The OSU allegations for Sports Illustrated have hit the Internet today, according to a Sept. 10 KJRS CBS 2 report. The magazine released the first part of its five part story called "The Dirty Game" online this morning, and it will run in the print magazine later.
The first part of the OSU allegations has to do with pay for play, or "The Money." Several former OSU players went on the record with Sports Illustrated alleging that OSU boosters and even coaches paid certain players for performance. Also, they said that players were paid for jobs they did not complete, or grossly overpaid for jobs they did for boosters and even coaches.
Of course, there are a few problems with this report. First of all, the main writer of the report is Thayer Evans who was fired from Fox Sports for making up things. Not only that, but Evans also has a history of negativity towards Oklahoma State University as evidenced by his previous articles, and he was also a University of Oklahoma student.
Of course several of the former players who went on the record with SI were players who were kicked off the team for one reason or another. Every player who played his entire college career at OSU who has spoken out has said they have not seen anything like this happening, and that they never took money for performance. Former OSU quarterback Josh Fields went on record with ESPN saying,
"I'm in disbelief. Never had anyone attempt to give me money or saw teammates accept money."
Baltimore Ravens tight end and former OSU player Billy Bajema also responded to the OSU allegations. He said,
"I never once during my time there saw for myself any kind of extra payment going on with an envelope the way it is described in that article. I never saw a booster handing out envelopes on an airplane. I never saw them walking up and down aisles. I never saw any of that. It’s all news to me. If that stuff is true, it's the best-kept secret ever."
Most players reiterated that there were no boosters walking around in the locker room after games. One of the most offensive parts of the article is the naming of Fellowship of Christian Athletes director for the north central region of Oklahoma Director John Talley.
Bajema said of John Talley,
"I think John’s goal was to give people an opportunity to learn to work hard to earn money and to have a job. I think that rather than let people have easy jobs or no-show jobs like it is portrayed in the article, I think he provided guys with the opportunity to learn work ethic and that’s what his goal was in allowing guys to go out there and try to earn some money.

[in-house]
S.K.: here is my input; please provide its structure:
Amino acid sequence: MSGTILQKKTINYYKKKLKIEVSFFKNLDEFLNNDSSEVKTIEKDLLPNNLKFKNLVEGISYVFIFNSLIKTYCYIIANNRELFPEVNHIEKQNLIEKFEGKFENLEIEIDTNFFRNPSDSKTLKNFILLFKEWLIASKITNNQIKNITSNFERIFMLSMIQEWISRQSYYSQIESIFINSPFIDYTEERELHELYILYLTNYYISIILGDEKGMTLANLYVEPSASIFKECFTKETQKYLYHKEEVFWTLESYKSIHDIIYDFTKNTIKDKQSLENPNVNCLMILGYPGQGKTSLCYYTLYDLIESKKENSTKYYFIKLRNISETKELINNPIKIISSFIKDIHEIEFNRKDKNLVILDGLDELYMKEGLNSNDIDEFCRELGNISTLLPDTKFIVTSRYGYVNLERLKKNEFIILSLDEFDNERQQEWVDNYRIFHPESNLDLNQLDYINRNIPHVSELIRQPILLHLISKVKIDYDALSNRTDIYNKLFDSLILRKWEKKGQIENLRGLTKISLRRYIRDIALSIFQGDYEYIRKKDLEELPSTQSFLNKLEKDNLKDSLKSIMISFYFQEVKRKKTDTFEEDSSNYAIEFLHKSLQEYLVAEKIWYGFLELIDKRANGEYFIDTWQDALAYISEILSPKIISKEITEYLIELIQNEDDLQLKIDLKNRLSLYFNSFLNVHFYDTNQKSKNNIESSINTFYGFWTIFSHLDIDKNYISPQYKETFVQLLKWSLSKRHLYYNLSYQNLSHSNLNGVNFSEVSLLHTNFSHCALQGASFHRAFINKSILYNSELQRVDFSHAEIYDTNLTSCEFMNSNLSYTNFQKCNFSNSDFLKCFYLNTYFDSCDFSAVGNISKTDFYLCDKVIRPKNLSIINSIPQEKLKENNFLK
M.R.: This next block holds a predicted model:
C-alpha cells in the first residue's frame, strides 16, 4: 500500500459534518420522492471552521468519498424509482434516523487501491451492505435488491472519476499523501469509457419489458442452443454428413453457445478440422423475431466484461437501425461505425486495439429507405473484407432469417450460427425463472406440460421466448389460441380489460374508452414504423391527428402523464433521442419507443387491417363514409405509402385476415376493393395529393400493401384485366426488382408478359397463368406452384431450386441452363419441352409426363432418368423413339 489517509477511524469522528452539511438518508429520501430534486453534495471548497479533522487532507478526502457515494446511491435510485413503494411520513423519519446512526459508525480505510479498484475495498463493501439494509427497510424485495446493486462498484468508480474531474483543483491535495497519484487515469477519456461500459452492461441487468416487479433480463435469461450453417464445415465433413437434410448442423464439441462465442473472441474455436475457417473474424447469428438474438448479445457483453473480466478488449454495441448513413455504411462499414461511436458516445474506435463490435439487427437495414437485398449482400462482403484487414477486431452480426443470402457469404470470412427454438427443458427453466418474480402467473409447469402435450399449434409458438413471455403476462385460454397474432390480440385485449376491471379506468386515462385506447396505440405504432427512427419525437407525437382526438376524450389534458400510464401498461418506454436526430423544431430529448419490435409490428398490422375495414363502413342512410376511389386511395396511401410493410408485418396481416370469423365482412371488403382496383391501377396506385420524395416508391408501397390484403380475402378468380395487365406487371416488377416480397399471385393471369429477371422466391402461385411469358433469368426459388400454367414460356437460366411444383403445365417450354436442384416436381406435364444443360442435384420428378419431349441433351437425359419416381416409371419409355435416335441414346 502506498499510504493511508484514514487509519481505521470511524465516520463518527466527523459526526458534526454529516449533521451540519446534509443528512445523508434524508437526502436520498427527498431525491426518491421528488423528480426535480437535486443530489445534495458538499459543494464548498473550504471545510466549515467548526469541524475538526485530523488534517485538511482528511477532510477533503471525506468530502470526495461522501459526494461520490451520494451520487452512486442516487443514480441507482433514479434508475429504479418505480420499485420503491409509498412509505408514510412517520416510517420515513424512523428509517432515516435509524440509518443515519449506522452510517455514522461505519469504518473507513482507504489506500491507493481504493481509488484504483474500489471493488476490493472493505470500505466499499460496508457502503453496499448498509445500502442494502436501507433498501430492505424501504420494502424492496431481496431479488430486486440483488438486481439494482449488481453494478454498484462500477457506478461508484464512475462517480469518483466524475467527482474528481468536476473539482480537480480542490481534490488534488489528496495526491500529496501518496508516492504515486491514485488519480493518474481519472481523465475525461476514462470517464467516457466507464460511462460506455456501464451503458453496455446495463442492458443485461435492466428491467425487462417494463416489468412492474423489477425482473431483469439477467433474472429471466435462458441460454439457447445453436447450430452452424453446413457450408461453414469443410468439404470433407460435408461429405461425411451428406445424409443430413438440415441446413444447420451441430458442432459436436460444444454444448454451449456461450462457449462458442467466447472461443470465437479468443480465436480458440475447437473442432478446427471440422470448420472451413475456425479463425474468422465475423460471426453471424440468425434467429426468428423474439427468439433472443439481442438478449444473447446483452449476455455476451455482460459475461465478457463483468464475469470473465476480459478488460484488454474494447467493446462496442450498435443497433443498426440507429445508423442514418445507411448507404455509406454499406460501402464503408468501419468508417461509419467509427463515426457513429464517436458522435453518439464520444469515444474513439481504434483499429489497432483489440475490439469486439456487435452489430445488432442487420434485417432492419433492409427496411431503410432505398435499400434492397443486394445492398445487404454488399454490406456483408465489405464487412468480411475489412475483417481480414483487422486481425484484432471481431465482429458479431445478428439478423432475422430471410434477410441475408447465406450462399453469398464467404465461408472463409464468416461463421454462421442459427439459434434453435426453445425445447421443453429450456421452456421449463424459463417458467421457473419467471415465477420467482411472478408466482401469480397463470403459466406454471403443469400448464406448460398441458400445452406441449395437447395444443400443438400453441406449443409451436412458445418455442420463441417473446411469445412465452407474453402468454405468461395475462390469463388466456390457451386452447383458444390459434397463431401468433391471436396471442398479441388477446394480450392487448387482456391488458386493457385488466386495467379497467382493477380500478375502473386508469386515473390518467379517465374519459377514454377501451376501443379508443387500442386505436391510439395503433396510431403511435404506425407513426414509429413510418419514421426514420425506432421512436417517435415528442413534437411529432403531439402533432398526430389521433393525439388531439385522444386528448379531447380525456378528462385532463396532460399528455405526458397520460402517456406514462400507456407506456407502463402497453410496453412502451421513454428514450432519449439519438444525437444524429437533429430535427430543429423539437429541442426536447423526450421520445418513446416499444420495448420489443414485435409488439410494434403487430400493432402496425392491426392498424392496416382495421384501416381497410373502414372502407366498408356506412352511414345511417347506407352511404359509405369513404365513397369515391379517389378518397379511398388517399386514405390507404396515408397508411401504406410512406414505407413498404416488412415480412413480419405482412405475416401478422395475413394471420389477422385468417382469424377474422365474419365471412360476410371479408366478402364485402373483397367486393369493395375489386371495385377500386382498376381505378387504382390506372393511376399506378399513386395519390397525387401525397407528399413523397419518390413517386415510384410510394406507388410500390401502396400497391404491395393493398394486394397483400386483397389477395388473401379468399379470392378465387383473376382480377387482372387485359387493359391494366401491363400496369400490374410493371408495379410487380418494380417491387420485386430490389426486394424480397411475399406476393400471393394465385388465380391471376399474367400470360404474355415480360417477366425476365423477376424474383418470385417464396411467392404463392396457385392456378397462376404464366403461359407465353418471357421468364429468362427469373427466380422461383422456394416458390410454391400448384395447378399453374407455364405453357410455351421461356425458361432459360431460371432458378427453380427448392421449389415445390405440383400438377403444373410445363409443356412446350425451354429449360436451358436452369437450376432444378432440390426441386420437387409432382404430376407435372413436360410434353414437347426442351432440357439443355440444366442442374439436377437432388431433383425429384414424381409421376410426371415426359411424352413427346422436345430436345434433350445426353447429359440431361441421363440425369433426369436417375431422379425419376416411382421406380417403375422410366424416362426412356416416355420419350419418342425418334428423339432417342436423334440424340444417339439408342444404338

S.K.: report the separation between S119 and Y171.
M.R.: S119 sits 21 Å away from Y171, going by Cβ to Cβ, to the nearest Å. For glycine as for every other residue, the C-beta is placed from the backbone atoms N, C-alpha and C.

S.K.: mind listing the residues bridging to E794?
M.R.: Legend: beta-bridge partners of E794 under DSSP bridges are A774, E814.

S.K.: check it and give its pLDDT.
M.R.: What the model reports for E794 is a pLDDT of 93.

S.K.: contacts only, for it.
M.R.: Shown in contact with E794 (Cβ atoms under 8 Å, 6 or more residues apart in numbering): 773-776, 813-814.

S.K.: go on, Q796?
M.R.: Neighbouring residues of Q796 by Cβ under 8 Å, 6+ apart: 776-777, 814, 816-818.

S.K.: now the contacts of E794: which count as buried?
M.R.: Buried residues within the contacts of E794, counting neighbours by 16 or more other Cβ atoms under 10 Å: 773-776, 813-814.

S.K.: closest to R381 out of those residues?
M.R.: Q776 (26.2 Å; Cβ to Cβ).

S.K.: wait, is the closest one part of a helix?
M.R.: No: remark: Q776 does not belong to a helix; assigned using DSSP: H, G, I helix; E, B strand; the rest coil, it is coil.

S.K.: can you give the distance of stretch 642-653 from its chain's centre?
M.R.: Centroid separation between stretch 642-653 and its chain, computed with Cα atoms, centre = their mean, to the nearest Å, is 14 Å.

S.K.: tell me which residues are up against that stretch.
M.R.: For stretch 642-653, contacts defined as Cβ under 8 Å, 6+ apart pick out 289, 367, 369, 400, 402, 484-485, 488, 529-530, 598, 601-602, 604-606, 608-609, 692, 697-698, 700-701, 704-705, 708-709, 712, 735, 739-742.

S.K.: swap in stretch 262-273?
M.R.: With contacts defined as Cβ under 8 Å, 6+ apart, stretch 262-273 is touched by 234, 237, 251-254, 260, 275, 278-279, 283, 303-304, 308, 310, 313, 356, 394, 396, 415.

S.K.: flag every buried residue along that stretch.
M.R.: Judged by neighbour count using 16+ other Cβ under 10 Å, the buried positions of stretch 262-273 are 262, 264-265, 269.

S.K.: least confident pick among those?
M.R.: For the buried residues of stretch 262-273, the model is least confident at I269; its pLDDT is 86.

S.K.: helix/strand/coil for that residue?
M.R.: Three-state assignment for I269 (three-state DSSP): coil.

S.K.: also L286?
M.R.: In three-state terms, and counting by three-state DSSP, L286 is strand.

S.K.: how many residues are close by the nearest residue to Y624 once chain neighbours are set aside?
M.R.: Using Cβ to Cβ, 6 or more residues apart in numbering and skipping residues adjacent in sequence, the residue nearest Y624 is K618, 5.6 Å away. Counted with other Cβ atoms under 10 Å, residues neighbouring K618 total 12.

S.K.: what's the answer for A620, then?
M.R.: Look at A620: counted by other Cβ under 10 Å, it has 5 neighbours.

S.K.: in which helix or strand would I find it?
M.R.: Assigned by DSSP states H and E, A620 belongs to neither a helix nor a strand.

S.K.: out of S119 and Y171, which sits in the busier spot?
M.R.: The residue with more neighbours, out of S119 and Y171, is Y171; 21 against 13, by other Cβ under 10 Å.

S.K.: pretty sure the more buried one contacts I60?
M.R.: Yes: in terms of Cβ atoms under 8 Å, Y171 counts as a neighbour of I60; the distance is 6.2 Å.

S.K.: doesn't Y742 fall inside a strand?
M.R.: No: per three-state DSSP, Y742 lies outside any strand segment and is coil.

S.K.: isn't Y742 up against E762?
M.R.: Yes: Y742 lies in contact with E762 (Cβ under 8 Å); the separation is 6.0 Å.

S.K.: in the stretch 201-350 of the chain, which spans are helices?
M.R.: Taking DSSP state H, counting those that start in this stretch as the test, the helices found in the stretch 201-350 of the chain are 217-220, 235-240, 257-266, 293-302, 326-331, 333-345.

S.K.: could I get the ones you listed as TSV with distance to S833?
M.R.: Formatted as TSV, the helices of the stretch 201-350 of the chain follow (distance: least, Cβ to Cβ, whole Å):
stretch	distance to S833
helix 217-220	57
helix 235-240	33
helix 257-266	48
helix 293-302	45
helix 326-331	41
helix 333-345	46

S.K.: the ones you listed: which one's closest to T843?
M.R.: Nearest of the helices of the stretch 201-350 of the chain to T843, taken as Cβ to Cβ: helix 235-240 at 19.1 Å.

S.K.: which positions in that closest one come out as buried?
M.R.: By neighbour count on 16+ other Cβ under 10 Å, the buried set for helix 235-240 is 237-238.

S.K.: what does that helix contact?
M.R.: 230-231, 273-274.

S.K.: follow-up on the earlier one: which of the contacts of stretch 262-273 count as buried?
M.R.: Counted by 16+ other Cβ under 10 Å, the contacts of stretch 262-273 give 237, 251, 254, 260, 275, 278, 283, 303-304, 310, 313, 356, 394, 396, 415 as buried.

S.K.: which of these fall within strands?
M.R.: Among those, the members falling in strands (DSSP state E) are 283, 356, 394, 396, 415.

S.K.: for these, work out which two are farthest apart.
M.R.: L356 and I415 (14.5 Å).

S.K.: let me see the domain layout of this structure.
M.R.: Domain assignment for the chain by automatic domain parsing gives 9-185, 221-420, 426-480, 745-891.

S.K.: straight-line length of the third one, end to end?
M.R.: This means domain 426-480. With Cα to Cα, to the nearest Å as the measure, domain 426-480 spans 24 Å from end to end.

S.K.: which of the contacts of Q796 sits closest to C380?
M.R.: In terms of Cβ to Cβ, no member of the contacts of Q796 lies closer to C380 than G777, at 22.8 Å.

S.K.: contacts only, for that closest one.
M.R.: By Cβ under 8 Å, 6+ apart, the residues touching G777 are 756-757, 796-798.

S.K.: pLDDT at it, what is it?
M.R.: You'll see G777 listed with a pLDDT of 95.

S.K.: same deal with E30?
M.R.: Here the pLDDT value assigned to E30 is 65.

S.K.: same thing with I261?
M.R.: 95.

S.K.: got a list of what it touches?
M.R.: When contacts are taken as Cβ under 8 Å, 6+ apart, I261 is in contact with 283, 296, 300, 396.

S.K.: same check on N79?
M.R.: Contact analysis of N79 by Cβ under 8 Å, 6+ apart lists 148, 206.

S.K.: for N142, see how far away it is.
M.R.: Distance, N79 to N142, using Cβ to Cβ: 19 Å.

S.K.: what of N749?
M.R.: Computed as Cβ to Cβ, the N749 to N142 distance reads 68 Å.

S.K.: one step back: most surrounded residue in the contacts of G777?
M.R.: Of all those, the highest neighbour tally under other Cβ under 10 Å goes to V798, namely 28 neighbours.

He is the FCA leader in that area and part of his job is to have an influence in the athletes at Oklahoma State and try to have a positive impact in their lives and he did that in any way he could. I never saw him operate in any way that I thought lacked integrity whatsoever. I always appreciated the influence he had on me and had on my teammates and his conduct was upright."
Many other OSU players have been quick to speak out against these OSU allegations. This is a compilation of the tweets. Ultimately, somebody is lying in this instance. Is it the dozens, if not hundreds, of former players who are speaking out now, or is it the few who were paid by SI to give their interviews?
Obviously the truth will end up coming out when this is investigated, and there could be some things that went on. However, it seems highly unlikely that it is the way SI describes it. The magazine also appears to have maligned a good person in John Talley, which is awful.
The rest of the parts of this five part story will be released each day this week. Are they worth reading? Who knows. Do they seem credible? Not really right now. Thayer Evans' name being tied to this report certain does not do it any good.